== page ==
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(Abst. 3.288), 2017

Vigabatrin for Focal Seizures in Tuberous Sclerosis
Authors: John M. Schreiber, Children's National Health System; Nancy Elling, Children's National Health System; Tesfaye Zelleke, Children's National Medical Center; William D. Gaillard, Children’s National Medical Center, George Washington University School of Medicine and Health Sciences, Washington, DC, United States.; and William McClintock, Children's National Health System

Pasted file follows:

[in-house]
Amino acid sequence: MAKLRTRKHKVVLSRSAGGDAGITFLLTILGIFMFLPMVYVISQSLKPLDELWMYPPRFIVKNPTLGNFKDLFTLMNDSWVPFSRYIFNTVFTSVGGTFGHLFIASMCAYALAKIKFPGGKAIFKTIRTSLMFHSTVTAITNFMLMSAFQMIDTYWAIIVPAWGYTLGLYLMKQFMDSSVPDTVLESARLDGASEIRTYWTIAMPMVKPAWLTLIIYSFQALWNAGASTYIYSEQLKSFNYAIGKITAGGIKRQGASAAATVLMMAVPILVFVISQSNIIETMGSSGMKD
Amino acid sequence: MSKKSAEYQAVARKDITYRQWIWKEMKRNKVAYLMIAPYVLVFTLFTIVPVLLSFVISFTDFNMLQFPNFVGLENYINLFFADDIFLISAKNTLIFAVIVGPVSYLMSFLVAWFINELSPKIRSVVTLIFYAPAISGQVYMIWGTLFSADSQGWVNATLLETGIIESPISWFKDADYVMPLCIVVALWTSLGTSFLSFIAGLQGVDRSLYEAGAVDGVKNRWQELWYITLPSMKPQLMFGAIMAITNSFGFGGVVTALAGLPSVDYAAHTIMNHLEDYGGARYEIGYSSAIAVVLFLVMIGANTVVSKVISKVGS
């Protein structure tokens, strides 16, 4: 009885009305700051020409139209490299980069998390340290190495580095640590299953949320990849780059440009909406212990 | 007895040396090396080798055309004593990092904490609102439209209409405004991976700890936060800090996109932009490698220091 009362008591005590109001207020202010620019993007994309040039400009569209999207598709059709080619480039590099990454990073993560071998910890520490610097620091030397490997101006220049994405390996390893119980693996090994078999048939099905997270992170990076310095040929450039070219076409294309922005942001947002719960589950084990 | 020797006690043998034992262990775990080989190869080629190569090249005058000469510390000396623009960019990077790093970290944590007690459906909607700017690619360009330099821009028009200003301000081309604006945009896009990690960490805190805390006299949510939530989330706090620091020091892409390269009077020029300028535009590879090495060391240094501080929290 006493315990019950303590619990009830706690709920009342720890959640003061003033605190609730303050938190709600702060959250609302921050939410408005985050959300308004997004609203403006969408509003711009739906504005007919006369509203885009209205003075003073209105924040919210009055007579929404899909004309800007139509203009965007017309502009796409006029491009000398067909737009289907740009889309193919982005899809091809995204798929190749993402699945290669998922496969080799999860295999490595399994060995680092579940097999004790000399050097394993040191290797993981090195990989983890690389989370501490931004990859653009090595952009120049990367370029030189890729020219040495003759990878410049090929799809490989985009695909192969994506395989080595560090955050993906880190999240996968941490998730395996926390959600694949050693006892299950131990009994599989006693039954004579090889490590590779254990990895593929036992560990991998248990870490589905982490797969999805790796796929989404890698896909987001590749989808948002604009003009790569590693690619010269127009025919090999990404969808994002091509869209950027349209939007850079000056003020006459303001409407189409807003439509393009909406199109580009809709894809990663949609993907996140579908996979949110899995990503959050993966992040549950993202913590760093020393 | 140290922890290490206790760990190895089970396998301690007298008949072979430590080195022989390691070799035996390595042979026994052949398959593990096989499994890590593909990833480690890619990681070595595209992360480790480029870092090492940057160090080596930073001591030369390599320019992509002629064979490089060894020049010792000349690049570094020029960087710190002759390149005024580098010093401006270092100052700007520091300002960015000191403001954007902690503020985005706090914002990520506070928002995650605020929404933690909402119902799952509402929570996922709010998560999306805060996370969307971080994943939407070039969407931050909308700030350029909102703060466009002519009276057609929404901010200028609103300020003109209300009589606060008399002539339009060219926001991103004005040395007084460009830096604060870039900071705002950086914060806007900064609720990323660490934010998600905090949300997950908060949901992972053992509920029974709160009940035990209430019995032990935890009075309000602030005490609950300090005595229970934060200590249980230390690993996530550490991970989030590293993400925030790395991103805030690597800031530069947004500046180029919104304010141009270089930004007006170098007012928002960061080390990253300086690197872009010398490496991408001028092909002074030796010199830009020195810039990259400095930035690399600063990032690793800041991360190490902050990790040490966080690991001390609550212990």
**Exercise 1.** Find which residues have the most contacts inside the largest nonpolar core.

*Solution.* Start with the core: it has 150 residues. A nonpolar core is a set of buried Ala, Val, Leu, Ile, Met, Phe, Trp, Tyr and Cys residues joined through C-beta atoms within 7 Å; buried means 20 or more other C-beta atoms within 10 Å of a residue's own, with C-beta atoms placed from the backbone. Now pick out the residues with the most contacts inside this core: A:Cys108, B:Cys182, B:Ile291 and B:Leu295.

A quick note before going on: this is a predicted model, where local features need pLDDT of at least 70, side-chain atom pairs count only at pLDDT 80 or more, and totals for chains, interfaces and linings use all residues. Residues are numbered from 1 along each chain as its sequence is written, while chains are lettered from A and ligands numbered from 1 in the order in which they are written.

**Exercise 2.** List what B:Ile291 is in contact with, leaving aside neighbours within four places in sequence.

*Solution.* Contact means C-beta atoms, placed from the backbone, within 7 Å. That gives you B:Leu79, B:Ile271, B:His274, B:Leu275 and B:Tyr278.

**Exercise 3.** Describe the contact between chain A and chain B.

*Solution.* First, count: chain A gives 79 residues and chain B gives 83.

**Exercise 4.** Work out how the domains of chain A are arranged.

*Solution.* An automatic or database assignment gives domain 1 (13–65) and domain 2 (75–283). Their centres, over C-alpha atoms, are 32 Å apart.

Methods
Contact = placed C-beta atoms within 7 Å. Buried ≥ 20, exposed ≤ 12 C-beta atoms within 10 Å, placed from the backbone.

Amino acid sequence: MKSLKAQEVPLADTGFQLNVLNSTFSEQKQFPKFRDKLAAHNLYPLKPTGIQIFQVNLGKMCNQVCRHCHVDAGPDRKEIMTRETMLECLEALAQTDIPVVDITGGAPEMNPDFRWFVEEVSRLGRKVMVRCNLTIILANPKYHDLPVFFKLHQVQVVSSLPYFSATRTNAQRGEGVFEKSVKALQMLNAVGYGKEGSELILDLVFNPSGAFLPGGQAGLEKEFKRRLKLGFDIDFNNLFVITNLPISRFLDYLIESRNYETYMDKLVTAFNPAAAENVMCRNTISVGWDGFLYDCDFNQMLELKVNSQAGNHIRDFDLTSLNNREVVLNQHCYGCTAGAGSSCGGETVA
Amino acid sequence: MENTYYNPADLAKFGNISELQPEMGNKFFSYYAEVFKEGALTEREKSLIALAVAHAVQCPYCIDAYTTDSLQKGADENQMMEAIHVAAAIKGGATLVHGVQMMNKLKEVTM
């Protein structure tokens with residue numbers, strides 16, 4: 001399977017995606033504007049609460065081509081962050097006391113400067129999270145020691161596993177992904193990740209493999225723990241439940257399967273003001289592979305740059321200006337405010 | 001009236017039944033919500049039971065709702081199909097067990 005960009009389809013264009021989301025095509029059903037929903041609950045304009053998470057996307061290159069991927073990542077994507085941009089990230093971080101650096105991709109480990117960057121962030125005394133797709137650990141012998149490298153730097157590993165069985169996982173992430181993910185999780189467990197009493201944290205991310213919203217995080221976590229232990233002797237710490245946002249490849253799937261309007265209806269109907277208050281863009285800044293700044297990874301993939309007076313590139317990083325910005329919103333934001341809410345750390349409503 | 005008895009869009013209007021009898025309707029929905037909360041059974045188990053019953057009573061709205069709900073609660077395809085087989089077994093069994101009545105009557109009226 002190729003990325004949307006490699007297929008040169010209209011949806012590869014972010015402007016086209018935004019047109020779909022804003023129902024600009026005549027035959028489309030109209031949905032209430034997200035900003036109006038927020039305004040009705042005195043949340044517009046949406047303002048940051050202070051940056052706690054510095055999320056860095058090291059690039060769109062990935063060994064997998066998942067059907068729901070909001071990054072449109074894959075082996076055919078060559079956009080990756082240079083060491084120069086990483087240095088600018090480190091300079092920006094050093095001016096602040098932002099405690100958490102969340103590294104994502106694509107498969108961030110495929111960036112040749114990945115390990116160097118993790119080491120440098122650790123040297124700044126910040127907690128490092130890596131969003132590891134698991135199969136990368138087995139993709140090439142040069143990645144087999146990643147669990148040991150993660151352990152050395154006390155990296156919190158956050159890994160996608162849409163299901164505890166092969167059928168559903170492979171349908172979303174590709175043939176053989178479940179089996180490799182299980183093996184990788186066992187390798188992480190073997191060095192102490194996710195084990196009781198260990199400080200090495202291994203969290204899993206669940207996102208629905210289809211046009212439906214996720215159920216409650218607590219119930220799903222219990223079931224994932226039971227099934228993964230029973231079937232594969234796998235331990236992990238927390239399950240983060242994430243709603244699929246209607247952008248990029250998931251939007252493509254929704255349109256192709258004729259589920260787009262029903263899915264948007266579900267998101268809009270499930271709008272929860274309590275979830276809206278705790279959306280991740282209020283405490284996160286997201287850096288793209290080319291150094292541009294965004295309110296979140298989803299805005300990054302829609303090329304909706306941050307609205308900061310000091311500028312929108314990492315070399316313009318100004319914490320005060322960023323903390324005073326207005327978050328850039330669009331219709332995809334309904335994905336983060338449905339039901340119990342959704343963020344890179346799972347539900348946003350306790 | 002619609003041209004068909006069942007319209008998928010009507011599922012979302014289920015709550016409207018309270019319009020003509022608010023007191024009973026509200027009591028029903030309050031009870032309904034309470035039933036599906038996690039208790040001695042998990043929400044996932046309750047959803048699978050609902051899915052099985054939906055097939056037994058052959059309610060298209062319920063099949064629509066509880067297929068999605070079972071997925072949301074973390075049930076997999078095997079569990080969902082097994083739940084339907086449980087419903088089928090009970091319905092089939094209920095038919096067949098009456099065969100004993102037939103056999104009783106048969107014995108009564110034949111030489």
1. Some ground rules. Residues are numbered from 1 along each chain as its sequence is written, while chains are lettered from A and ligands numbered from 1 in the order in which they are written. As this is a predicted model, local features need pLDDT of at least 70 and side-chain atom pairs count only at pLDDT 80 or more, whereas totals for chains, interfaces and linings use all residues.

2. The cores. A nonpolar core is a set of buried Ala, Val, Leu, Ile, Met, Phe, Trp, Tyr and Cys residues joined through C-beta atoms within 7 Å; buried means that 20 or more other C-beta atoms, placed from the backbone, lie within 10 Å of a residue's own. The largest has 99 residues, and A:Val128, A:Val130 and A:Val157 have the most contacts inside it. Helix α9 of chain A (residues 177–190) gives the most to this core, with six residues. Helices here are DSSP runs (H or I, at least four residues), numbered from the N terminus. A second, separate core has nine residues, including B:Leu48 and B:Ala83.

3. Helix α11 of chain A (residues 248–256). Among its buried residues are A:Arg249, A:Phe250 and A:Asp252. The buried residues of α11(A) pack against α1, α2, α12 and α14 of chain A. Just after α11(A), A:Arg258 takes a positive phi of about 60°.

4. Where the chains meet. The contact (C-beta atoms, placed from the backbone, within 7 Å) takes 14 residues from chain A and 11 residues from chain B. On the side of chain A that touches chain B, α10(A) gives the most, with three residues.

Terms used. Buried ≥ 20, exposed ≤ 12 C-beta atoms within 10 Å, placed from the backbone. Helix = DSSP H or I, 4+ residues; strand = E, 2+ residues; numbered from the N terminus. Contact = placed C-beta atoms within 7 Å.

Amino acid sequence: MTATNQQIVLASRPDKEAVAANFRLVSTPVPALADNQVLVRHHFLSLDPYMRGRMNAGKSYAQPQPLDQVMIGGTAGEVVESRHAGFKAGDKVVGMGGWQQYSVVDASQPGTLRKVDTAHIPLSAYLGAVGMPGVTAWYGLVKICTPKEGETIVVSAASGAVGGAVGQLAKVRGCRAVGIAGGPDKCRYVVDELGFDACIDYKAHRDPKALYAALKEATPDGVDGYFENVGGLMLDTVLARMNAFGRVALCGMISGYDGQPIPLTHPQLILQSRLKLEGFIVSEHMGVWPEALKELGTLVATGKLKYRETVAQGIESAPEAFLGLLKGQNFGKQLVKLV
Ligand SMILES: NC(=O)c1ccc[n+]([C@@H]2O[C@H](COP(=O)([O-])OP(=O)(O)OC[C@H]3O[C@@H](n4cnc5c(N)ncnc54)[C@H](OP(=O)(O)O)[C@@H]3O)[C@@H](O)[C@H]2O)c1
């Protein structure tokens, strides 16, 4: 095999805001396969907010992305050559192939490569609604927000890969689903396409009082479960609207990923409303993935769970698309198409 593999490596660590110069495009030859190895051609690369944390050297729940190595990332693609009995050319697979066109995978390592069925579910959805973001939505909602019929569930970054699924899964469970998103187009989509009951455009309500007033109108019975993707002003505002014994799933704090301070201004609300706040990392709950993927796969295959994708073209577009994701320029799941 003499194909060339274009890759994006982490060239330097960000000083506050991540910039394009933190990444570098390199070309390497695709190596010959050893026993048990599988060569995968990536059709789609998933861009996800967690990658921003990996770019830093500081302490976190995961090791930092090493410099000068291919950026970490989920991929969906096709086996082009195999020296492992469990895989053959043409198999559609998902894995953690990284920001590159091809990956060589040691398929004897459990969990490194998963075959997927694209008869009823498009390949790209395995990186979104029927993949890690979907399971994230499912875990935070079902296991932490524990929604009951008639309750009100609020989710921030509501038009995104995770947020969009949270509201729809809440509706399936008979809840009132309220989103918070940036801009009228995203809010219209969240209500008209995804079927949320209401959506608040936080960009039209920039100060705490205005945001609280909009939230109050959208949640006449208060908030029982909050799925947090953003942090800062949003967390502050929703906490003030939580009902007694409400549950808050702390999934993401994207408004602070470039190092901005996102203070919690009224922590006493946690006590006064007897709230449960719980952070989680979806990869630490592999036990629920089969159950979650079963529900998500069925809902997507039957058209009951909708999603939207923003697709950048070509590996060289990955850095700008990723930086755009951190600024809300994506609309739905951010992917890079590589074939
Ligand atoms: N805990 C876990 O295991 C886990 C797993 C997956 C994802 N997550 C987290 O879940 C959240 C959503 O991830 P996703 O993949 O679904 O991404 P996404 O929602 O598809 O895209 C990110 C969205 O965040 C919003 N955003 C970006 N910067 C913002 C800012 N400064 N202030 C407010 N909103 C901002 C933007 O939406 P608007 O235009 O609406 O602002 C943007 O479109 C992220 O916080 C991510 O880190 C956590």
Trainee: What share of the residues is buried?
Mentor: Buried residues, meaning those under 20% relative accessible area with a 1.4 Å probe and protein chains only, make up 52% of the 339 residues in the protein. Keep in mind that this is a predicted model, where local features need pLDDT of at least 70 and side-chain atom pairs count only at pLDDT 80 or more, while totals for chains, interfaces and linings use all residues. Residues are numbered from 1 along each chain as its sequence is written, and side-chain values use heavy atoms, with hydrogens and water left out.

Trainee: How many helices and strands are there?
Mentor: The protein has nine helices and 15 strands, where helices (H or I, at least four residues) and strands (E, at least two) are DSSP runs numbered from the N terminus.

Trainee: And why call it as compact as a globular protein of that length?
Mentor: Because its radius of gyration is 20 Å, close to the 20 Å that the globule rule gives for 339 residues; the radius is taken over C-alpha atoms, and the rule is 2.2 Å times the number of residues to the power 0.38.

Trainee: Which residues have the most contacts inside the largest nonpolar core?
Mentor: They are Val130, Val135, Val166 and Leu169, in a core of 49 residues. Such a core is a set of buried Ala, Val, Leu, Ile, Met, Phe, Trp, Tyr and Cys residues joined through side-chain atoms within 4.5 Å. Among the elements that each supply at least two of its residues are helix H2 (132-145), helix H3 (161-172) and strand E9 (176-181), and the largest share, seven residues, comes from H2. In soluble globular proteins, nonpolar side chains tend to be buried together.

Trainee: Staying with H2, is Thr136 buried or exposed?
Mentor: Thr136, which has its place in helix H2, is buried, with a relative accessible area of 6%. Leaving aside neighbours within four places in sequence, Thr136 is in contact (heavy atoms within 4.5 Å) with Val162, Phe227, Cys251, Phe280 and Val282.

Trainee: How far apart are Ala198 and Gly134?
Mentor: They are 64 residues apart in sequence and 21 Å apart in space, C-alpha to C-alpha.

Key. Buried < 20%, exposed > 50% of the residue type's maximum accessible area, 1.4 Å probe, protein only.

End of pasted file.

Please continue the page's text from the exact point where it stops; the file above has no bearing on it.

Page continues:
Content: Rationale: Vigabatrin (VGB) is well-established as the first-line therapy for infantile spasms (IS) in association with tuberous sclerosis (TS), but less is known about its role in focal seizures due to tuberous sclerosis. The risk for irreversible, cumulative dose-dependent visual field constriction due to phororeceptor toxicity limits its use in this context, where focal seizures often persist without definitive surgical intervention. We aimed to examine our institutional use of VGB for focal seizures in tuberous sclerosis and to assess outcomes. Methods: We queried the tuberous sclerosis database (n=112) to identify all children with tuberous sclerosis enrolled at Children's National Health System (CNHS) who were administered VGB for focal seizures. Data points collected include patient demographics, history of IS and treatment with VGB, duration of therapy, evidence of clinical improvement for focal seizures, reason for discontinuation, and epilepsy surgery. Results: We retrospectively identified 22 patients with TS who received VGB for focal seizures, starting VGB in June 1989 and continuing through the present time: Twelve (55%) were female with median age 8 months at VGB initiation (range 4 months - 9 years). Nineteen (86%) had a history of IS and all except the two oldest, born in 1986, received VGB for IS. Eleven of these individuals exhibited improvement in or resolution of IS. Sixteen out of 17 with IS remained on vigabatrin to treat focal seizures; one was non-compliant with VGB after resolution of spasms and was later restarted on VGB for intractable focal seizures. Eighteen out of the 22 in this cohort (82%) had improvement in focal seizures. Mean duration of VGB therapy was 5.7 years (range 0.25-17 years); seven continue taking VGB. Reasons for discontinuing include 9 in whom there was a concern for vision loss, 3 who underwent epilepsy surgery, 2 in whom VGB was ineffective, and one in whom alternative anti-seizure medication was subsequently effective. Families often preferred to remain on vigabatrin despite the risk to vision. Conclusions: VGB is used for focal seizures in TS and may be an effective therapy in patients who fail to respond adequately to other anti-seizure medications while awaiting definitive epilepsy surgery. The risk for vision loss due to photoreceptor toxicity continues to limit prolonged use. Funding: The Tuberous Sclerosis Alliance supports the patient database